Are there limits to that freedom? Sure. Just as there are limits to legal freedoms. But if I shut down a columnist because I know many people will disagree, I’m shutting down the conversations that should occur in our society. Frankly, I expected that the sentence would be more severe. The fact that it matched the judge’s eventual ruling makes that conversation even more necessary. 
I appreciated his thoughtful response. And, for sure, we're somewhat on the same page: It’s crucial that newspapers foster conversations about contentious public issues . And it’s our roles, as editors, is to stand by our columnists, etc.

But ... I want to be clear: Herhold waded deep into extreme and inappropriate waters. It’s his coded victim-blaming, the way he denigrates women with his “unindicted co-conspirator” argument — and his suggestion that a rape victim has a lesson to learn, too. That the judge too needs to send her “a message” as well. I'm not sure how that conversation is ever necessary, that it should occur in society. It's outrageous.

Mercury News readers seemed to agree, as they leveled the newspaper in its Letters section. Ditto social media. And national media is just catching on to the Herhold column, as well.

And now, reports are making the rounds that no women editors looked at Herhold's contentious column before it went to print. That's not good ... for the Merc newsroom.

But it is good that people are outraged about the chain of command in the newsroom and whether women editors are involved if you care about ending a rape culture of victim-blaming.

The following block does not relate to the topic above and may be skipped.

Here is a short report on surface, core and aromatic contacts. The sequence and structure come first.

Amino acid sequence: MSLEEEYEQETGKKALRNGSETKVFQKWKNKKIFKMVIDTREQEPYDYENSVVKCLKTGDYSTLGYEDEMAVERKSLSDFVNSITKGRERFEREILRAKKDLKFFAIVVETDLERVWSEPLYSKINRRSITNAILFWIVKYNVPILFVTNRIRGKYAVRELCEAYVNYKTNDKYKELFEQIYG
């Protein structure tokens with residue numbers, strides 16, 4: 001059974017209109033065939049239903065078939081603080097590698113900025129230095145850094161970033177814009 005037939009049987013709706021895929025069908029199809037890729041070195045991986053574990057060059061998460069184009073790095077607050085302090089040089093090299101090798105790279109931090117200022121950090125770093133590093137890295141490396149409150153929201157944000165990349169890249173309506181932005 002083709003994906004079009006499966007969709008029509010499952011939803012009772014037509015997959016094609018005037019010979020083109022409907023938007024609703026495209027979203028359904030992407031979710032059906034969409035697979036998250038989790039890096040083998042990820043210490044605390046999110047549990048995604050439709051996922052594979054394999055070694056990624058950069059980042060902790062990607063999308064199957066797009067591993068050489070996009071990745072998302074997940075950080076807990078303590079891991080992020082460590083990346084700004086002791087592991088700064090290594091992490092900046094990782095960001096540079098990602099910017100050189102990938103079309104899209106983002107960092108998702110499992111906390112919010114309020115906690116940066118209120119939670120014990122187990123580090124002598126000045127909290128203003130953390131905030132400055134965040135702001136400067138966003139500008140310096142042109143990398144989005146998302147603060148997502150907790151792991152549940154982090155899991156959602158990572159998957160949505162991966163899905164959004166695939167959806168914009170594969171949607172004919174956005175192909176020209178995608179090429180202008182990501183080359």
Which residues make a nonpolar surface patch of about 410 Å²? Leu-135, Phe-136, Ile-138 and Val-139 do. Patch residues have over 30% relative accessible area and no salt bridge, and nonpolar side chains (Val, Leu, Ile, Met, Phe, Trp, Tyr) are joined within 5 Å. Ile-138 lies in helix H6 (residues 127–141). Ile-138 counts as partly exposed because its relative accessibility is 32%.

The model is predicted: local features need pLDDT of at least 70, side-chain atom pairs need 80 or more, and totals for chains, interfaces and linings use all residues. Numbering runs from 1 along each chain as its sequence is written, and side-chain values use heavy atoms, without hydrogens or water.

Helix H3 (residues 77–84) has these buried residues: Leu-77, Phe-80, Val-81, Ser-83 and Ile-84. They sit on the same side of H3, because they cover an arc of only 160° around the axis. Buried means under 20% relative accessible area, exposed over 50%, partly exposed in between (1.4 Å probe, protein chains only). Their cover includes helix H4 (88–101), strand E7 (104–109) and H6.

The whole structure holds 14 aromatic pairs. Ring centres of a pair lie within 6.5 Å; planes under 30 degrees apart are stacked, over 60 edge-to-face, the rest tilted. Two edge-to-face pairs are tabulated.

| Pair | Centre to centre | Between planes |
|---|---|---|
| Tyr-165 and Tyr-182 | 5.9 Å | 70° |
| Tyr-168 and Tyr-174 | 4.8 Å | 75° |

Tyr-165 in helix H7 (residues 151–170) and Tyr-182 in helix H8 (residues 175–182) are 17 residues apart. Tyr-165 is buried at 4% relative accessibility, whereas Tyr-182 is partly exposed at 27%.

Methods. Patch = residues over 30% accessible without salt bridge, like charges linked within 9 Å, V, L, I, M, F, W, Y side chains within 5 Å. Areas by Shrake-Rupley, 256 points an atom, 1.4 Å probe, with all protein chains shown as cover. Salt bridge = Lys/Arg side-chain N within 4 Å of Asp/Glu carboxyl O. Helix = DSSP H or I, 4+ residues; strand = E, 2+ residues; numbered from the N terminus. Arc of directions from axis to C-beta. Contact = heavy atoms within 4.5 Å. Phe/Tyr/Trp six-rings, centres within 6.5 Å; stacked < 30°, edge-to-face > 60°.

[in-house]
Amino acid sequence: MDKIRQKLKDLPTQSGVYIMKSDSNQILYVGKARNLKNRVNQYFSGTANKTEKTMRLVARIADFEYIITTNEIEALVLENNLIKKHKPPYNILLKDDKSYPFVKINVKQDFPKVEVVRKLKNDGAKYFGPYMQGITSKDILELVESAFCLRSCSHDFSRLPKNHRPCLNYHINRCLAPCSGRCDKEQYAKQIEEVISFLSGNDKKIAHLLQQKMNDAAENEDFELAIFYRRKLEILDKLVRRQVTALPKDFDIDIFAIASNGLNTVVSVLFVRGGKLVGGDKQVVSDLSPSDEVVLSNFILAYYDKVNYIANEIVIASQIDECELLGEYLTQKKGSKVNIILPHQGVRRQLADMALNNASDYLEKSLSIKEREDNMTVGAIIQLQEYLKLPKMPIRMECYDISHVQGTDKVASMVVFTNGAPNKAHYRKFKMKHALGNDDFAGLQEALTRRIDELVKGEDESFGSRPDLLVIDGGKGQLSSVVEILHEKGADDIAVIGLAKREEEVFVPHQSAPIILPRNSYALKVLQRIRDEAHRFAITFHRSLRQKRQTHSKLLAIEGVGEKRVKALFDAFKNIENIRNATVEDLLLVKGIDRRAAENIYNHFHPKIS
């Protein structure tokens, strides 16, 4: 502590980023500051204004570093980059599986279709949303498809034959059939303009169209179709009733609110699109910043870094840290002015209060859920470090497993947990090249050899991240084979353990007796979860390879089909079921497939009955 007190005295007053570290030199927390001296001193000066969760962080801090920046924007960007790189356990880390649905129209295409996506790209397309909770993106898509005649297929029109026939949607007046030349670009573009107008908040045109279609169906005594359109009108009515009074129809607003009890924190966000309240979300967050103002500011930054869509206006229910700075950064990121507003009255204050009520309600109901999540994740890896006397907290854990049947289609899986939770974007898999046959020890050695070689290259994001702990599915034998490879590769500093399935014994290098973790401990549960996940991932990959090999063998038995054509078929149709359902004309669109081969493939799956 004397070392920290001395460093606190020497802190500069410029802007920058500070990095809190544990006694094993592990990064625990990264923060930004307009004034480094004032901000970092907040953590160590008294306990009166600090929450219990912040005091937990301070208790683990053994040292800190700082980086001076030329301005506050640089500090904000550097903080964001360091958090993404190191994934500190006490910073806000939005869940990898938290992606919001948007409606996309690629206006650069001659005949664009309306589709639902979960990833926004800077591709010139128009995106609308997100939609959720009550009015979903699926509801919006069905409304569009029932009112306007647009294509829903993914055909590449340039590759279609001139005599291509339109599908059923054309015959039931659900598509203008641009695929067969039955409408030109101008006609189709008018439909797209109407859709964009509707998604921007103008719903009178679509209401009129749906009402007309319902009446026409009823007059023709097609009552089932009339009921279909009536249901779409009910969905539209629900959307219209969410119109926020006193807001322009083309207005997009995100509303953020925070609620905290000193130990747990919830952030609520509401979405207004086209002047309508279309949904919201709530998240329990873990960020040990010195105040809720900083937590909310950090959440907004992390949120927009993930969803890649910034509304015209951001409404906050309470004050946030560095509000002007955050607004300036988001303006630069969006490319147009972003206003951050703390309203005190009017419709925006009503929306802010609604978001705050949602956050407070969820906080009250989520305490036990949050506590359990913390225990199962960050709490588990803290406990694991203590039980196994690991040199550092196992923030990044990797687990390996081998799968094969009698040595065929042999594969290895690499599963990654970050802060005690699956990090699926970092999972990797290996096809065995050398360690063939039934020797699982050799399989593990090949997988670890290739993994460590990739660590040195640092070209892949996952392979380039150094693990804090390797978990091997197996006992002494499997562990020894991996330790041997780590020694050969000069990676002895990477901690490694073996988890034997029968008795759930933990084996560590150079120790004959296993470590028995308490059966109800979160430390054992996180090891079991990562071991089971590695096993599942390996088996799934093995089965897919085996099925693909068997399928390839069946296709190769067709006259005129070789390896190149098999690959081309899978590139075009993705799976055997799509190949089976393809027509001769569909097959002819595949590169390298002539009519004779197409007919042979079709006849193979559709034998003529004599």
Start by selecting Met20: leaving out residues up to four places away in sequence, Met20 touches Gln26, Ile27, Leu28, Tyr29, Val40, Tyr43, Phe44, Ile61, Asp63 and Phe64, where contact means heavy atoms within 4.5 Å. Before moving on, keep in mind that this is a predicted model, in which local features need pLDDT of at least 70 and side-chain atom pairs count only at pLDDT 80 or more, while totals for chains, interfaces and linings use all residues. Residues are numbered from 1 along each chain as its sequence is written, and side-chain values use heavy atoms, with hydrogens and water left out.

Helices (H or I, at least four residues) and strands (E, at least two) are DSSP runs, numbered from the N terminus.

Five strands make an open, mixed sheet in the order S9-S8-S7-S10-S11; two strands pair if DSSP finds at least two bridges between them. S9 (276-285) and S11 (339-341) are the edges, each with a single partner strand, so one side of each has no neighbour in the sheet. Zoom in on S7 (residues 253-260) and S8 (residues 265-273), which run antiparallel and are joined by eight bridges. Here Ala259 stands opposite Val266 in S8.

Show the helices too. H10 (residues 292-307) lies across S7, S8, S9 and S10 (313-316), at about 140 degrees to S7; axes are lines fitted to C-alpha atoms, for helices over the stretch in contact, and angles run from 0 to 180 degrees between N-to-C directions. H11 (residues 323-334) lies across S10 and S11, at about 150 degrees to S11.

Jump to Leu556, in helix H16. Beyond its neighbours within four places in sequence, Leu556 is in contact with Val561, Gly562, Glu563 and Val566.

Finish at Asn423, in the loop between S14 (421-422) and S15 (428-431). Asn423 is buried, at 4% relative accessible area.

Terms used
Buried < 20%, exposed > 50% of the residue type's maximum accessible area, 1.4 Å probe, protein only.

Monday, June 6, 2016

Bill Clinton Block Party Overtook Telegraph This Morning

Take a picture!

by Nick Miller
Mon, Jun 6, 2016 at 4:35 PM

Bill Clinton block party out front of the Fox Theater this past Monday. - PHOTO BY NICK MILLER
  • PHOTO BY NICK MILLER
  • Bill Clinton block party out front of the Fox Theater this past Monday.
Monday during lunch was T-shirt weather. And, conveniently, in the middle of Telegraph Avenue there was a man hawking some with the words “Fuck Trump” emblazoned on the front.

That’s right: It was a Hillary Clinton rally, starring her silver-fox husband, Bill Clinton, in front of the Fox Theater just a few clicks past noon. Some five hundred supporters circled a white pickup truck with Mayor Libby Schaaf perched in the bed. She hyped the crowd and stayed mostly positive, only gently dabbling in the art of Donald Trump dissing — he’s “disconnected from reality” — before helping president No. 42 into the Ford (or was it a Chevy?).

His wife’s campaign jingle, that incongruously soppy “Fight Song” anthem, blasted as everyone snapped an obligatory photo.

Unlike some of his more unleashed appearances during the 2008 presidential campaign, Bill was a dutiful messenger on Monday. He reminisced about the Fox Theater back when he was visiting (un-buddy) Mayor Jerry Brown. And he avoided, at first, even speaking Trump’s name, opting instead to take down the entire GOP ethos (“our party might be the only one that believes in science”).